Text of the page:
Human Genetics

, Volume 122, Issue 1, pp 63–70

Male-to-female sex reversal associated with an ∼250 kb deletion upstream of NR0B1 (DAX1)

Authors

  • Marta Smyk
    • Department of Molecular and Human GeneticsBaylor College of Medicine
    • Department of Medical GeneticsInstitute of Mother and Child
  • Jonathan S. Berg
    • Department of Molecular and Human GeneticsBaylor College of Medicine
  • Amber Pursley
    • Department of Molecular and Human GeneticsBaylor College of Medicine
  • Fiona K. Curtis
    • Disciplines of Medicine and GeneticsMemorial University of Newfoundland
  • Bridget A. Fernandez
    • Disciplines of Medicine and GeneticsMemorial University of Newfoundland
  • Gabriel A. Bien-Willner
    • Department of Molecular and Human GeneticsBaylor College of Medicine
  • James R. Lupski
    • Department of Molecular and Human GeneticsBaylor College of Medicine
    • Department of PediatricsBaylor College of Medicine
    • Texas Children’s Hospital
  • Sau Wai Cheung
    • Department of Molecular and Human GeneticsBaylor College of Medicine
    • Department of Molecular and Human GeneticsBaylor College of Medicine
    • Department of Medical GeneticsInstitute of Mother and Child
Original Investigation

DOI: 10.1007/s00439-007-0373-8

Cite this article as:
Smyk, M., Berg, J.S., Pursley, A. et al. Hum Genet (2007) 122: 63. doi:10.1007/s00439-007-0373-8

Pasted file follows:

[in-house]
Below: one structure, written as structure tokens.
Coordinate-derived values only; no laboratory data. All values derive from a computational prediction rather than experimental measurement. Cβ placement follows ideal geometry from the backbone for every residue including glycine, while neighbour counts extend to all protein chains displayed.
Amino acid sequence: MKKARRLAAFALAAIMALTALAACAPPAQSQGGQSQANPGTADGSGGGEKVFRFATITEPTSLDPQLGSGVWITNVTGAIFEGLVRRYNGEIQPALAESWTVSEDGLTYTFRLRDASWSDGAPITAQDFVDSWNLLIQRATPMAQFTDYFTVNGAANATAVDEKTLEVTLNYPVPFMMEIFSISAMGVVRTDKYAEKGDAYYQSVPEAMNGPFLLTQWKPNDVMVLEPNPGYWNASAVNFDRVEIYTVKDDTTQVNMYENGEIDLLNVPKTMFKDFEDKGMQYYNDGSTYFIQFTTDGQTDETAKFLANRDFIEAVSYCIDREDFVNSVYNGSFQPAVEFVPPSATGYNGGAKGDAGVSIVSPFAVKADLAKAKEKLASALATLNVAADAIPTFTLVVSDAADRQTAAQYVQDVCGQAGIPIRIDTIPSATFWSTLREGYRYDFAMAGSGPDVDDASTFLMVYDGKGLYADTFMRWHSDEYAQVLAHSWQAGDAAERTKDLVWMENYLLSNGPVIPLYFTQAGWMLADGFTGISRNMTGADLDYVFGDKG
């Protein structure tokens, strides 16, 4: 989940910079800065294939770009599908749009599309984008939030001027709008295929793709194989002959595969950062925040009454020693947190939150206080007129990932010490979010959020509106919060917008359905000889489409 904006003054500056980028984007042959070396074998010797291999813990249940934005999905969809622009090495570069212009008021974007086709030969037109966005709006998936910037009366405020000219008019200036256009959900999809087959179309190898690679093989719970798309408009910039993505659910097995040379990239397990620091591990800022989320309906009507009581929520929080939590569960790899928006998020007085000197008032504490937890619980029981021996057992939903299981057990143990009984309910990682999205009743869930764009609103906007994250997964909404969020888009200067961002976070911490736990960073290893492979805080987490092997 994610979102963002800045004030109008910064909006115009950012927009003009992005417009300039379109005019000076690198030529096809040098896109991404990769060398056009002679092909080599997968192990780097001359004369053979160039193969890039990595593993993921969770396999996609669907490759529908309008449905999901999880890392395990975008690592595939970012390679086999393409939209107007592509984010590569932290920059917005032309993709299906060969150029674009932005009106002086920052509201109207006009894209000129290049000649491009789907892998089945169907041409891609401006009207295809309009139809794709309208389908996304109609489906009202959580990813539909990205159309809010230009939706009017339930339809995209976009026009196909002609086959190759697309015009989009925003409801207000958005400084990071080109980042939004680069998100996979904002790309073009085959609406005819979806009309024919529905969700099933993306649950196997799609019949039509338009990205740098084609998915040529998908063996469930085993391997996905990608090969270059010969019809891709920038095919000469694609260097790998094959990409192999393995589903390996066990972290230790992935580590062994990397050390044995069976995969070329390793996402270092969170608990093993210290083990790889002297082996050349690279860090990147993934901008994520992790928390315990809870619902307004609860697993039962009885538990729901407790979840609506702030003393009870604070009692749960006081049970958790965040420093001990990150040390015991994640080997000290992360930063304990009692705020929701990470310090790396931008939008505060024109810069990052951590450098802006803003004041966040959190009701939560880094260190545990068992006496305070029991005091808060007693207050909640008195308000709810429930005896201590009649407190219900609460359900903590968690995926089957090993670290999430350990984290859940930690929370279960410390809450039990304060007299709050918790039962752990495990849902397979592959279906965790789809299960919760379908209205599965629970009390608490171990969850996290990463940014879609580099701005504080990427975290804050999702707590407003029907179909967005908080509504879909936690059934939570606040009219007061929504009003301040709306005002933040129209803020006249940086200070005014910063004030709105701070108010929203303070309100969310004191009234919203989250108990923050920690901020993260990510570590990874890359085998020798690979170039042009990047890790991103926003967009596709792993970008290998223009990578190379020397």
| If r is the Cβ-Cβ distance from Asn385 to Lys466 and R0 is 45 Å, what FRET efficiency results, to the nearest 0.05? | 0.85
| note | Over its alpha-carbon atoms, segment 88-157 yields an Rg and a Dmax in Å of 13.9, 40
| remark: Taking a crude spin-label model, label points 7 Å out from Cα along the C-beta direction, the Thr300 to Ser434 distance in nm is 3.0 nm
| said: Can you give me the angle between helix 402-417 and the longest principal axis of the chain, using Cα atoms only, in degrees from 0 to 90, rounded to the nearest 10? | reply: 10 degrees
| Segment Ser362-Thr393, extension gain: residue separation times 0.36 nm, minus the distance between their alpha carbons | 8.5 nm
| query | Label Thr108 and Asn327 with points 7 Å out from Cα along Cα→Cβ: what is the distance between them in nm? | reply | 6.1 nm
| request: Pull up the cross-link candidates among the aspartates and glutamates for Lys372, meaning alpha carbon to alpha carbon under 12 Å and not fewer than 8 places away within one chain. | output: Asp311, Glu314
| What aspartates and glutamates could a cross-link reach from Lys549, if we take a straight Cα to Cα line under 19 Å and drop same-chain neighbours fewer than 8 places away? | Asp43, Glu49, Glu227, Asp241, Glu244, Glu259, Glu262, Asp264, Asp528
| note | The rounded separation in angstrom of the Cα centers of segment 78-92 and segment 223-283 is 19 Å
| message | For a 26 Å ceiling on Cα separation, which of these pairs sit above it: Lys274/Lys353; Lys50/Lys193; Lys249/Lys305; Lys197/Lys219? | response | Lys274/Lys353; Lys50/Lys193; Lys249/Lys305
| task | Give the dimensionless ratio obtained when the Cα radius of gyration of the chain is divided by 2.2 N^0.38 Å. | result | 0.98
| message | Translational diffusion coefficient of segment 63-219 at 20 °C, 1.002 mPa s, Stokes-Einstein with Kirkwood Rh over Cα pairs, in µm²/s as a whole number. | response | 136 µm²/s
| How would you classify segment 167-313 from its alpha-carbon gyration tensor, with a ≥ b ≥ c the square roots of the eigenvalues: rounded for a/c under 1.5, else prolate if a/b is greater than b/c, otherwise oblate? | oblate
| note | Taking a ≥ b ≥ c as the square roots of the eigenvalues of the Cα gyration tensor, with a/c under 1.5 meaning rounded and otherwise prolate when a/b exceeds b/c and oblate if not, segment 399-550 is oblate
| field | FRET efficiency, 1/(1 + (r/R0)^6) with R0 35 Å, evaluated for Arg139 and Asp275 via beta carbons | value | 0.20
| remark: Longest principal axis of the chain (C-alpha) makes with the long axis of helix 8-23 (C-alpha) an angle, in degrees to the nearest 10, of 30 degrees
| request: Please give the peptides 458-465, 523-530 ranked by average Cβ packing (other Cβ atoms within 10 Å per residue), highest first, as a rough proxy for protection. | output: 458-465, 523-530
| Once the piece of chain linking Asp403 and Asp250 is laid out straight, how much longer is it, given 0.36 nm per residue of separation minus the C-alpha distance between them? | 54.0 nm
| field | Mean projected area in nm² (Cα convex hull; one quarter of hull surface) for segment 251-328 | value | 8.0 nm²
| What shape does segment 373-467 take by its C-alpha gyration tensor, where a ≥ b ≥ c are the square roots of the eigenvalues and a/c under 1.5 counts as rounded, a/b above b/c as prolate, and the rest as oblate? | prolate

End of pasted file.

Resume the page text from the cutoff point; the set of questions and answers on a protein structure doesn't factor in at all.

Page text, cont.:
Abstract

Deletion of the dosage sensitive gene NR0B1 encoding DAX1 on chromosome Xp21.2 results in congenital adrenal hypoplasia (AHC), whereas NR0B1 duplication in 46,XY individuals leads to gonadal dysgenesis and a female phenotype. We describe a 21-year-old 46,XY female manifesting primary amenorrhea, a small immature uterus, gonadal dysgenesis, and notably absent adrenal insufficiency with a submicroscopic (257 kb) deletion upstream of NR0B1. We hypothesize that loss of regulatory sequences may have resulted in position effect up-regulation of DAX1 expression, consistent with phenotypic consequences of NR0B1 duplication. We propose that this genomic region and by extension those surrounding the dosage sensitive SRY, SOX9, SF1, and WNT-4 genes, should be examined for copy-number variation in patients with sex reversal.

Copyright information

© Springer-Verlag 2007